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Confidence Is Very Profitable, Don't You Think?

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Posted February 8, 2001 By Beth Cox     Feedback

A recent report says the success of Web commerce sites is directly linked to the confidence customers feel about their privacy and security.

Remember that Jack Palance television commercial from a few years back, in which he intones in a dulcet voice: "Confidence is very sexy!"? The e-commerce version apparently is that "confidence is very profitable," at least according to a recent industry research report.

In fact, the report from Gartner Group's cPulse operation (which calls itself the Internet Satisfaction Monitor) says that the success of Web commerce sites is directly linked to the confidence customers feel about their privacy and security.

According to the report, nearly 65 percent of customers surveyed replied that they "always" or "sometimes" read privacy statements. Yet 89 percent of customers surveyed were not comfortable providing credit card information online and 49 percent were not comfortable with the overall issue of online privacy.

Hmm. I guess I feel much the same way, although I don't claim to study privacy policies at shopping sites. Yes, I know, silly me, but I suspect it's a practice for anal-retentives only.

Something makes me suspect that of the nearly 65 percent of the folks who claim to read privacy statements, many are probably just saying what they think is the right thing to do to appear to be a smart online shopper. It's probably kind of like all those folks who swear up and down they read the editorial page of their local newspaper every day, rain or shine or kids' soccer practice not withstanding.

Uh huh. Right.

The last time I tried to read an Internet privacy policy, it was the one at Amazon.com, and the effort was something akin to wading through the unabridged version of Moby Dick.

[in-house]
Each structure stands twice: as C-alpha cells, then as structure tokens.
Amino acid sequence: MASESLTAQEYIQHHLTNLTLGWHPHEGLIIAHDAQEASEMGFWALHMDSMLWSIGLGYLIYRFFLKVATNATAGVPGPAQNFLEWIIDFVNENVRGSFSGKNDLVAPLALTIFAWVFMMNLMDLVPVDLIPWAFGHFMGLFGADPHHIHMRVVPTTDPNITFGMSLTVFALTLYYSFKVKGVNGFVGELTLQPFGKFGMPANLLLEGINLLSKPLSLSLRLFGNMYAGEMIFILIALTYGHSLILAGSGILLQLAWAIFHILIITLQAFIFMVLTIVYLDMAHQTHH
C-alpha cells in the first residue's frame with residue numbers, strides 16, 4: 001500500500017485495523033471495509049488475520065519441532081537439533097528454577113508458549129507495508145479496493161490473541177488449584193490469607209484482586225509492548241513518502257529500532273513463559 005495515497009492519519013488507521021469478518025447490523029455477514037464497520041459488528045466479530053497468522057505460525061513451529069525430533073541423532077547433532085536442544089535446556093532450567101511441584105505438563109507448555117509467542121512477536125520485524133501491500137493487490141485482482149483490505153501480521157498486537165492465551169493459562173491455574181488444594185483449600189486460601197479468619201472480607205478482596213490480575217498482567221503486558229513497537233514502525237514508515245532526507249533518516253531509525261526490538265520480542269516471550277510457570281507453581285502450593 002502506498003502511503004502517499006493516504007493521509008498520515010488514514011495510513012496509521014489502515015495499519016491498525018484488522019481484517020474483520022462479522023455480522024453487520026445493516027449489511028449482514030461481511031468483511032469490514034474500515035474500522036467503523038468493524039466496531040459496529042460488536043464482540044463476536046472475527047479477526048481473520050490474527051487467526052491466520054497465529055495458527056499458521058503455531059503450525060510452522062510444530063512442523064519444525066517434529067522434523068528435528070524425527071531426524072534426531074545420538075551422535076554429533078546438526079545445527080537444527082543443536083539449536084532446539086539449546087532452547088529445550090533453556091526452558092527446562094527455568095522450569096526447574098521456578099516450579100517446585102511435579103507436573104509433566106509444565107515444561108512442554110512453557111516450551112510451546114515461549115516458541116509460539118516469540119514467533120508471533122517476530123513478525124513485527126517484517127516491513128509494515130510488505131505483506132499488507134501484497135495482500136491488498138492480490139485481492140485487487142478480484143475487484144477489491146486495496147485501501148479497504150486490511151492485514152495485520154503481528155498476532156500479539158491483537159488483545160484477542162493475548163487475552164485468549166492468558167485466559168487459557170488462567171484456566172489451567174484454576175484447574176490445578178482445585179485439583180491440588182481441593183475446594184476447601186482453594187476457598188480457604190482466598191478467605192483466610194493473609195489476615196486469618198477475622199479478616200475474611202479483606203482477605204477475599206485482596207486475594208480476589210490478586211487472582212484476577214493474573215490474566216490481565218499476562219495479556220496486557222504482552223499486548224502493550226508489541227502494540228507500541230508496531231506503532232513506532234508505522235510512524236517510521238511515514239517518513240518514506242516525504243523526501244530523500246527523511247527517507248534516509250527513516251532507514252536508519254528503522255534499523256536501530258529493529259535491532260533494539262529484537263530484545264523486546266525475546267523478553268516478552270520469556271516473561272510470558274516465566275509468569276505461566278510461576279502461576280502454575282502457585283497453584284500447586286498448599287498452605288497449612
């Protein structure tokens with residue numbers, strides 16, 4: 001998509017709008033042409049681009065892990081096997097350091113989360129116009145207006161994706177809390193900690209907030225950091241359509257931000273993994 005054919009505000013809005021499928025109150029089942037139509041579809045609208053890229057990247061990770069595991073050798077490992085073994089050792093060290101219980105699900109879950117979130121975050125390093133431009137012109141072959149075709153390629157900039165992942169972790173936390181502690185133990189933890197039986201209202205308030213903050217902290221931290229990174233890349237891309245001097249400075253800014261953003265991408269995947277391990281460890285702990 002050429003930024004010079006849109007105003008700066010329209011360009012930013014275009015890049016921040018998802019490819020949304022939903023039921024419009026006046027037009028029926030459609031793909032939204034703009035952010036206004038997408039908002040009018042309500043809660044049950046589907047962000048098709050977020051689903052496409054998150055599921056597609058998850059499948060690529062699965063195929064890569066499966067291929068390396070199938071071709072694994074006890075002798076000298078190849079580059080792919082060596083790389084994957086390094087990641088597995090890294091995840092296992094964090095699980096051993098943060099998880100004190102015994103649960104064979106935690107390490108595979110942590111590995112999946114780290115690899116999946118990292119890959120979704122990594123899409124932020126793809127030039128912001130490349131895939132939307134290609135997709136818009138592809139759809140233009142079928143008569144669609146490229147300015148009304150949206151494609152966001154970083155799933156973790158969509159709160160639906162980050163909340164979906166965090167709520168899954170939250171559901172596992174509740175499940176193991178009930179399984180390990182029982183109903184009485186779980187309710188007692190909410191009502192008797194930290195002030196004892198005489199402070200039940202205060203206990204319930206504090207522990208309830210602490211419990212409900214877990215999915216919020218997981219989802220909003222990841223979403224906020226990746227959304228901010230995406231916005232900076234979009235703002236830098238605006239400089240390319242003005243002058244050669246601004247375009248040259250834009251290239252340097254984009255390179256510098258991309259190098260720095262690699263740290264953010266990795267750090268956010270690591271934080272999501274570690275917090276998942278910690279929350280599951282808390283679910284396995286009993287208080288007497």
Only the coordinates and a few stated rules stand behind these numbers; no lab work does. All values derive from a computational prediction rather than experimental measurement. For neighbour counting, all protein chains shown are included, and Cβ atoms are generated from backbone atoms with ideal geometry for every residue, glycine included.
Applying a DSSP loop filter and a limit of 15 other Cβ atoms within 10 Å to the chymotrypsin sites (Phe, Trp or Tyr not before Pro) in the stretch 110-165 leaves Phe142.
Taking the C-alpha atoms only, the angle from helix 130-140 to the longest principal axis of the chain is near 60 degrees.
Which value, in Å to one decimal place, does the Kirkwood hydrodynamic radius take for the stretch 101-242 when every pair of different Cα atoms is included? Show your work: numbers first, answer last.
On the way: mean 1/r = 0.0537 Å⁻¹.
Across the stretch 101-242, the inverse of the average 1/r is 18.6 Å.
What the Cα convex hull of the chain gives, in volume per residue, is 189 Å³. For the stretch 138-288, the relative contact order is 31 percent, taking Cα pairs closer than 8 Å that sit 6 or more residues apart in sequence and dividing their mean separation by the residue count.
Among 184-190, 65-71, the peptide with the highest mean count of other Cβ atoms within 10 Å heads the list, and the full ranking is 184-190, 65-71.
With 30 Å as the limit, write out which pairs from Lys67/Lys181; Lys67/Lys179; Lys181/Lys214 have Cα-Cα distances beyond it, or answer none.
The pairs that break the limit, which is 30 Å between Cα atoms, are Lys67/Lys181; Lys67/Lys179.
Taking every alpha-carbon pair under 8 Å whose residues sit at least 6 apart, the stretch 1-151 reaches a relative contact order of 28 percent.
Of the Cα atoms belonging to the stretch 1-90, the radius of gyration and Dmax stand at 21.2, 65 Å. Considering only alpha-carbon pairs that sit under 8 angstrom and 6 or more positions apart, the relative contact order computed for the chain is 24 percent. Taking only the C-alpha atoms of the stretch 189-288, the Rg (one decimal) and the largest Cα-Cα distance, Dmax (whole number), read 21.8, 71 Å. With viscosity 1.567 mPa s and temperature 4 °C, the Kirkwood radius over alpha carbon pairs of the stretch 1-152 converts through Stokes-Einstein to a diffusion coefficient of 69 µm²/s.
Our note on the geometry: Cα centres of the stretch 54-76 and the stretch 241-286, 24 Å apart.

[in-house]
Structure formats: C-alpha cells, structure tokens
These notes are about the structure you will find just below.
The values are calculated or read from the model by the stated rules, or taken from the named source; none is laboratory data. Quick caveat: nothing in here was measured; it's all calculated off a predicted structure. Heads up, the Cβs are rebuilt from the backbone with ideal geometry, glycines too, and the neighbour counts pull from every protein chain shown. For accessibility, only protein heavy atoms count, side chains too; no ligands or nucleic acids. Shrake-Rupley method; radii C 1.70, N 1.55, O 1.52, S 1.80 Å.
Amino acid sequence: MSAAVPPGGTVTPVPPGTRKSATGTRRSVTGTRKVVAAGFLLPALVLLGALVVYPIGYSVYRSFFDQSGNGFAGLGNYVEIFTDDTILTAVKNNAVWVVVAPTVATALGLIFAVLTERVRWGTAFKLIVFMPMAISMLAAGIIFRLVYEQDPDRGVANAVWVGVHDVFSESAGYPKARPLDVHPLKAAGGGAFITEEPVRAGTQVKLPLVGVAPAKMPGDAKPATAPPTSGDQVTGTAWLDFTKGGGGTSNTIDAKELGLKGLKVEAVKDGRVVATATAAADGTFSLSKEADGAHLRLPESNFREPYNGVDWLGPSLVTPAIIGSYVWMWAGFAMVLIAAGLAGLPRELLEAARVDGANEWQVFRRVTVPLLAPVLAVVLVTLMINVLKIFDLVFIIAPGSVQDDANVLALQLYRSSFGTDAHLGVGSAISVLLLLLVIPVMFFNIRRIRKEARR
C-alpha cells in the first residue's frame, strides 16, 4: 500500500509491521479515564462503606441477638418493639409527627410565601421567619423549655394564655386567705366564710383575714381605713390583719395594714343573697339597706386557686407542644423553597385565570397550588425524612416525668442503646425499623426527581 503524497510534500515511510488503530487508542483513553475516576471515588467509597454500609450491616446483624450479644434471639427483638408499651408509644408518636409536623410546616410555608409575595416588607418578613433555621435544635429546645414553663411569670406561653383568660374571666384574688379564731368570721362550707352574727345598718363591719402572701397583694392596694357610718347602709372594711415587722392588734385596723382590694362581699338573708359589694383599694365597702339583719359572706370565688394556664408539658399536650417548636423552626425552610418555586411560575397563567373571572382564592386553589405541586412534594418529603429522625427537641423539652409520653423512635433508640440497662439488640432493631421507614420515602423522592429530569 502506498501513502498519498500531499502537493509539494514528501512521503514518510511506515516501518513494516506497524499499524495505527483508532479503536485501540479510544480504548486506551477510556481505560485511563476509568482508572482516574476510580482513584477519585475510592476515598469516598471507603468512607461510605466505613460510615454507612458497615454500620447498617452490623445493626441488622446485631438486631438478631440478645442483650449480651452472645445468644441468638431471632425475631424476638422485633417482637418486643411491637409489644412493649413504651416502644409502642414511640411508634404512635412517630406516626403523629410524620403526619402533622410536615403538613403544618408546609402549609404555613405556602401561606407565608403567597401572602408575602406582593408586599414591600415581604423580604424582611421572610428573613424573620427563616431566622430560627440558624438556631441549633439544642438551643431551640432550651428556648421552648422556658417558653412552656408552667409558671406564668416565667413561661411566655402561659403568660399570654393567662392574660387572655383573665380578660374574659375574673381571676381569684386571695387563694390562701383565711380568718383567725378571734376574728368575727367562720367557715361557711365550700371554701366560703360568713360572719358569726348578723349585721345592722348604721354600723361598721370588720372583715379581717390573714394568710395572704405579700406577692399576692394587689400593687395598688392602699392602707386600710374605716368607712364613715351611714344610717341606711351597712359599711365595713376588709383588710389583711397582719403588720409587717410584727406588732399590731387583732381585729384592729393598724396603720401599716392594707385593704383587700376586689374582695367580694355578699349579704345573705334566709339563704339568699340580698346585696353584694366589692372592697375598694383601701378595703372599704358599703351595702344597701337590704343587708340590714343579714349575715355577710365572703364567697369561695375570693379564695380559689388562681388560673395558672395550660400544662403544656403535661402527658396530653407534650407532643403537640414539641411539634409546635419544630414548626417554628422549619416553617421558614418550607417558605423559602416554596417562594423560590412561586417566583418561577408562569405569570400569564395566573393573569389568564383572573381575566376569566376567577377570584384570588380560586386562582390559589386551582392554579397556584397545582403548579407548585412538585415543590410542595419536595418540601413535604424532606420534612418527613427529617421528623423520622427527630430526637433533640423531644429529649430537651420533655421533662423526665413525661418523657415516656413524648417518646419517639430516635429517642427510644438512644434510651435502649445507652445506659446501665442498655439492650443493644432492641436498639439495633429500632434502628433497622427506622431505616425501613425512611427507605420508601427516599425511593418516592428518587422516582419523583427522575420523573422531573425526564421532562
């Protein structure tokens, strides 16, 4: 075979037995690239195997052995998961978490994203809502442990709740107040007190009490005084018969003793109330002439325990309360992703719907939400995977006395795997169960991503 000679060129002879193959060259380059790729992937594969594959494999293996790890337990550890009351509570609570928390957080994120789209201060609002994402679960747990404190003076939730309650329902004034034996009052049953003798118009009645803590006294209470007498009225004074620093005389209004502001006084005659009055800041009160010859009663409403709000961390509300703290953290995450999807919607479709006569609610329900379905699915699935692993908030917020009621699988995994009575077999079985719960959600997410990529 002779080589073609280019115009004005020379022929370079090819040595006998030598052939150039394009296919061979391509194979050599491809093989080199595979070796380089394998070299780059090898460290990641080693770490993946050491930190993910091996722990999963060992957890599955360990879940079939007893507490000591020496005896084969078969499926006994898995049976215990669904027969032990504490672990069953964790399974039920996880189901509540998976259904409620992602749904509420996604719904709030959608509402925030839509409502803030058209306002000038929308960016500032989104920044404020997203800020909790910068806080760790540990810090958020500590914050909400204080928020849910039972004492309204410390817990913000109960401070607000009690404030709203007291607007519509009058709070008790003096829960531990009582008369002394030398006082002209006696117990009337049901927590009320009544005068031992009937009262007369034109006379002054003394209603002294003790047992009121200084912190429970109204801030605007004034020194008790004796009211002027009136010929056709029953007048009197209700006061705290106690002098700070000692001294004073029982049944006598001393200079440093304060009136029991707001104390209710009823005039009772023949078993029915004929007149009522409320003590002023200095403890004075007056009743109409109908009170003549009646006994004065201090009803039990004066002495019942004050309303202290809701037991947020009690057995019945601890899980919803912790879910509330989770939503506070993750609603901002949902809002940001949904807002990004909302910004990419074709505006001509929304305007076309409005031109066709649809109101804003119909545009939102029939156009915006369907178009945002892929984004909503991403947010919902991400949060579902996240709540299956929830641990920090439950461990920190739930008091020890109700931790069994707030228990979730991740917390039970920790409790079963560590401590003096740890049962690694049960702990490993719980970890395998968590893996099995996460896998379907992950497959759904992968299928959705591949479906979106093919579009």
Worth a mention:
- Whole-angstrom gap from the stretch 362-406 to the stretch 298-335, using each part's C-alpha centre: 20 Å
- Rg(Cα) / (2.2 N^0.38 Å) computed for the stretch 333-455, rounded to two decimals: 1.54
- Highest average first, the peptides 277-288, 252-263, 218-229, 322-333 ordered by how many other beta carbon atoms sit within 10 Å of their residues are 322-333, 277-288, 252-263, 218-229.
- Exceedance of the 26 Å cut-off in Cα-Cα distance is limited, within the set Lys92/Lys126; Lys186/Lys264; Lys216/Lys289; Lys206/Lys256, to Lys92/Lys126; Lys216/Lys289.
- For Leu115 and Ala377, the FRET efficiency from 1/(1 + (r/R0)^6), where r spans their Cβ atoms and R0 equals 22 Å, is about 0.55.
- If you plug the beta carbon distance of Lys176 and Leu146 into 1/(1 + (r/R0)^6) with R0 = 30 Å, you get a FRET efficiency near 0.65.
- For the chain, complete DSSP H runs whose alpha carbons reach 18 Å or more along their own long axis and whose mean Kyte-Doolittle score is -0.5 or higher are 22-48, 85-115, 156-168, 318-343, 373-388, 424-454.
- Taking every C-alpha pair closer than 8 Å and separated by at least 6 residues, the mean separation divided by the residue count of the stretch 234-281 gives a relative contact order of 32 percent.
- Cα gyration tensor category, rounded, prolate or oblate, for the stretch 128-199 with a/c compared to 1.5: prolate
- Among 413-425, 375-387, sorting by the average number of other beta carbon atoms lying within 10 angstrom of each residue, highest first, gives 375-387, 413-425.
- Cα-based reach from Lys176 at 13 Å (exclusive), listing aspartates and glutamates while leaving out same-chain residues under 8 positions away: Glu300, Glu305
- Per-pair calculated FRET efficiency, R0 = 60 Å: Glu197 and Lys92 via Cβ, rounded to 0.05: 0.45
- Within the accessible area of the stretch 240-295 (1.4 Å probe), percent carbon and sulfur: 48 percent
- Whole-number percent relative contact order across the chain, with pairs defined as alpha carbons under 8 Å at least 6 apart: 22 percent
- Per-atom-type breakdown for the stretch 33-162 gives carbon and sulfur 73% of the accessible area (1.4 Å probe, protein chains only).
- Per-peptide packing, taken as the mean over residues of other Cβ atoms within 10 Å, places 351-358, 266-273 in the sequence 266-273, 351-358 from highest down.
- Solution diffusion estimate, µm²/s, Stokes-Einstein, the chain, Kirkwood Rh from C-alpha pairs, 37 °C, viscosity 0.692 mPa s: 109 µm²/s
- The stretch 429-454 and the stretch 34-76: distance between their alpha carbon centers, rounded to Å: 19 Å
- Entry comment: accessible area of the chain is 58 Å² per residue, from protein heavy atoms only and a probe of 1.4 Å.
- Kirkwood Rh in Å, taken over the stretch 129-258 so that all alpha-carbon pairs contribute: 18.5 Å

For starters, it was the absolute last link at the very bottom of the home page. Then you find that it contains language like this:

"If you choose to visit Amazon.com, your visit and any dispute over privacy is subject to this Notice and our Conditions of Use, including limitations on damages, arbitration of disputes, and application of the law of the state of Washington. If you have any concern about privacy at Amazon.com, please send us a thorough description to terms@amazon.com, and we will try to resolve it. Our business changes constantly. This Notice and the Conditions of Use will change also, and use of information that we gather now is subject to the Privacy Notice in effect at the time of use. We may e-mail periodic reminders of our notices and conditions, unless you have instructed us not to, but you should check our Web site frequently to see recent changes."

The next time I can't sleep, I'm going back there.

Anyway, cPulse said it found that customer satisfaction was also clearly influenced by the ability to bypass electronic solicitation. Almost 60 percent of all participants were "extremely likely" to return to sites that allowed them to decline receiving e-mail advertisements and nearly half felt "extremely satisfied" with a site's privacy based on this option.

Makes sense to me. I don't know how many eCRM databases I'm in, but it seems like hundreds -- more than I have the energy to try to track down and get myself out of. Poor me, I just delete them.

"Customer anxiety on the Web remains a real issue," said Eric Rudich, a research analyst at cPulse. "Our research indicates commerce sites need to communicate more clearly to customers that they offer a secure environment and have such precautions as firewalls."

According to cPulse analysts, site approval programs and privacy seals (things like Verisign and TRUSTe) have a significant impact on how customers feel about a site's privacy and security.

"Web commerce sites that are looking for ways to boost their brand and their sales should revisit approval programs and seals," said cPulse executive vice president Jody Dodson. "Building consumer confidence via visible and de

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